Or people will actually socialize and talk to each other in order to organize and fulfill objectives like a multiplayer game is intended for instead of clicking on a button semi-afk and complaining that other players are garbage and don't know how to do anything while not explaining to them or waiting them to learn?
I live in Brazil and here we already lost this battle. To change the population opinion and pass the bill they made this huge marketing push claiming that internet is like a water pipe and too much kids playing video games were draining it.
Not video streaming or direct downloads.
Now people here believe that internet is a resource, finite, like water. If you download a photo you spend internets from the intertnet reservatory - I'm not joking.
As someone asked above "How can anyone be against net neutrality?" Ignorance, that's it.
He is a bitter old man who sold the IP for almost nothing while scoffing games and their potential revenue, saying it is thing for kids and doesn't make money. He deserves to get nothing. His interviews are so hard to read due all his hatred towards the game in comparisson to other authors who work with game companies and are excited to see their vision in motion.
So... There is this game... Allods in which one of the races is actually 3 little bears. You play controlling those 3 little bears, but don't get me wrong - they are savage: They have point teeth and love to drink beer and fight.
Depending on the class you take (already commented on this in previous threads) those 3 little bears act differently - For example: A ranger class will have the front little bear hold a dagger for melee skills, the right side one holds a bow for ranged skills and the left side one pass him arrows and use items.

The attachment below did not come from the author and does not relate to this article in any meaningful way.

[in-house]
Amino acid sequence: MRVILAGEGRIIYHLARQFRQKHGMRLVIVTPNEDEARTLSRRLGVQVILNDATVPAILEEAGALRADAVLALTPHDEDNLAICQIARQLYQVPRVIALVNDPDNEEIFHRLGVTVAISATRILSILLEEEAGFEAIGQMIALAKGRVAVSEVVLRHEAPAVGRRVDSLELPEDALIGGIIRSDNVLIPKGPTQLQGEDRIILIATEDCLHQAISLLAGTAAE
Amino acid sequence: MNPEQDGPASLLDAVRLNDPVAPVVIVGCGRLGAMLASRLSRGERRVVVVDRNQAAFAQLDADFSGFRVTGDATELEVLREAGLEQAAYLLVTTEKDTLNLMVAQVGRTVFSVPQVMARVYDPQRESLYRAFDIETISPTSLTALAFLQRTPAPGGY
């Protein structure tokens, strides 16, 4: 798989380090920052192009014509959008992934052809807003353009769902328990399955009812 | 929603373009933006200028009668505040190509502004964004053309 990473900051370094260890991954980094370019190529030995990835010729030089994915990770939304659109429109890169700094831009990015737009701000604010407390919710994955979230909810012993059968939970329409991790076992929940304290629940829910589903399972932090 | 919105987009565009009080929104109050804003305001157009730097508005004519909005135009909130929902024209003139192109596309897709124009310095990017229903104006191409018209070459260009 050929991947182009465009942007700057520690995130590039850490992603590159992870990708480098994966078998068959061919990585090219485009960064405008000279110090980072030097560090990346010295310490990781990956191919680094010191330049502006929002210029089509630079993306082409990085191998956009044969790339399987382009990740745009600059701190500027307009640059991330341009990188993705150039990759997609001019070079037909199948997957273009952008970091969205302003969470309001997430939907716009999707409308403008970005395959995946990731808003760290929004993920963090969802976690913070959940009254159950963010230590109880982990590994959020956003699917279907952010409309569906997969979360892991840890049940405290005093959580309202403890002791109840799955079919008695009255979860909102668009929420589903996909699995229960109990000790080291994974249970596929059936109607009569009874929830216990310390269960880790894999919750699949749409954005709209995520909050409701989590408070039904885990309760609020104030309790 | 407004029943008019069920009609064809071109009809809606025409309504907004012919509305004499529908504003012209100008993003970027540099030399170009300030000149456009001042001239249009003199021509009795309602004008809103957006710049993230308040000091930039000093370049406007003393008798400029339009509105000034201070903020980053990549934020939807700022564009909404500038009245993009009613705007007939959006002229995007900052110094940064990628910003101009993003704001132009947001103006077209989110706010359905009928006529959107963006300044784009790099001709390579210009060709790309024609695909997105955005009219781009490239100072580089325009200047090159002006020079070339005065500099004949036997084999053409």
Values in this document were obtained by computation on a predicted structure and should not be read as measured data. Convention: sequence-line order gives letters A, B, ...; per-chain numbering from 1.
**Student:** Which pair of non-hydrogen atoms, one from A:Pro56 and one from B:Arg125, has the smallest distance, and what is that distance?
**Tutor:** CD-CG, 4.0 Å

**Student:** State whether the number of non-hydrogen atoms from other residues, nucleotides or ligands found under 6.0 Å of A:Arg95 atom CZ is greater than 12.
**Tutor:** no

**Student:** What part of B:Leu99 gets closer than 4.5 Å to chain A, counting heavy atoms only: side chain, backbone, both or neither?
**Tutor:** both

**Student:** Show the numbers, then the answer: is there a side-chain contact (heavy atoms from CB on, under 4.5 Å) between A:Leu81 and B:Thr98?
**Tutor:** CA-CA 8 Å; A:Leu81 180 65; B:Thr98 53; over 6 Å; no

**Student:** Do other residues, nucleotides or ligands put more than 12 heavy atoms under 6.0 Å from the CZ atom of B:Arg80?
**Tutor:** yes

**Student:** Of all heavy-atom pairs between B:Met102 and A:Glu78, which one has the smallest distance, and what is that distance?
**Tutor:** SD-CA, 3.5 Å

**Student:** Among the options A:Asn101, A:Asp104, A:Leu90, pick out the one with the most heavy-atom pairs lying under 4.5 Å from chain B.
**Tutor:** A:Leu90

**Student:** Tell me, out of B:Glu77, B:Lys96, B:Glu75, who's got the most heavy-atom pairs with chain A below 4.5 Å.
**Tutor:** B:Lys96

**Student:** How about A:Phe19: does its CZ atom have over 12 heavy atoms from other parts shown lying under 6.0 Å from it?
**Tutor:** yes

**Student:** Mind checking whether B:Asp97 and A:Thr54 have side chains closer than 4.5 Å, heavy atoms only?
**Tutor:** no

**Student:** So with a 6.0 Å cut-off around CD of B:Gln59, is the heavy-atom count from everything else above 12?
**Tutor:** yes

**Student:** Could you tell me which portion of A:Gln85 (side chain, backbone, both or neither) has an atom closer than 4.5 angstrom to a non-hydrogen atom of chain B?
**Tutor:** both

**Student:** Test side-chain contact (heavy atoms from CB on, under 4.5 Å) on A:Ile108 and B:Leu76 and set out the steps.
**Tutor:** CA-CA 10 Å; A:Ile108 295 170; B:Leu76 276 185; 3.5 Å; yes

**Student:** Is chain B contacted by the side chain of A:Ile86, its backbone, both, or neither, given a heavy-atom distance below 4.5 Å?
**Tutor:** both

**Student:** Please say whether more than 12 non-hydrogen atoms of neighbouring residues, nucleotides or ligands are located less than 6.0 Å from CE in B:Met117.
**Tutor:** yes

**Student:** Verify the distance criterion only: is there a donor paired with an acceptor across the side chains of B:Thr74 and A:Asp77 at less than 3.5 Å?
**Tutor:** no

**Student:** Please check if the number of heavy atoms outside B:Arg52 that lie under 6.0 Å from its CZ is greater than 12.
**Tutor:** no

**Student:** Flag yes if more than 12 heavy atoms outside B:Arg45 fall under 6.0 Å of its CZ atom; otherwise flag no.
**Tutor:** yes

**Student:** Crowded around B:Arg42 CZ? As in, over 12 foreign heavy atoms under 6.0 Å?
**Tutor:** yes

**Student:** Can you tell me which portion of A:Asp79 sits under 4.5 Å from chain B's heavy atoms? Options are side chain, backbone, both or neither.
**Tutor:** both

I never saw that anywhere else, ever. And I really tried to love that game, but every week they would change the classes completely rendering everyone confused (also bots, a lots of bots and gold sellers).
So, what I think would be innovation in mmorpg is races and classes that are unique (and fitting) to the setting and not the standard of the genre being repeated ad nauseam - Yes, Tolkien has a big impact in medieval fantasy, but come on: Look things like Armello or Ghost of a Tale where the characters are animal-like (not talking about furries, mind me).
How about some mmorpg with option to play as a monster? I mean a proper monster, not an orc. Something not humanoid. People would say "How about gear? How would it reflect on the character?" and I reply: "Does it matter?"
We are in a point where most cosmetics are what matters anyway and games like Black Desert Online change your appearance (based on the gera) so little you can't even see it properly without comparison. Or we go and change the skin of the equiped items to have the look we want based in a series of systems not related to cash shop.
How about let me play as a Gelatinous Cube and my gears are just floating inside me? Instead of swinging an arm to hit with the sword he spits the sword (or any other weapon) spinning and swallow it back inside. And instead of "HEYYAAAAA!" he just do blurps noises. When he talks he just say "blurp blorp" and everyone understands and you as player also understands based on the context the answer NPC gives (or maybe subtitles). We already have pop culture characters such R2D2 that broke that barrier so why not make it into games?
In RPGs we have things like that: Like the Animated Shield race for D&D5ed, where you play as - guess what - and shield that floats around. And it's fun as hell.There are many ways to push innovation: The issue is it requires criativity and it has risk.
Well, just like many others mmo when something launches and people go back to check it out. My friends that played the game with me do the same: When a new class launches they go back, level up it to over 55 to see how it plays and go do something else with their lifes.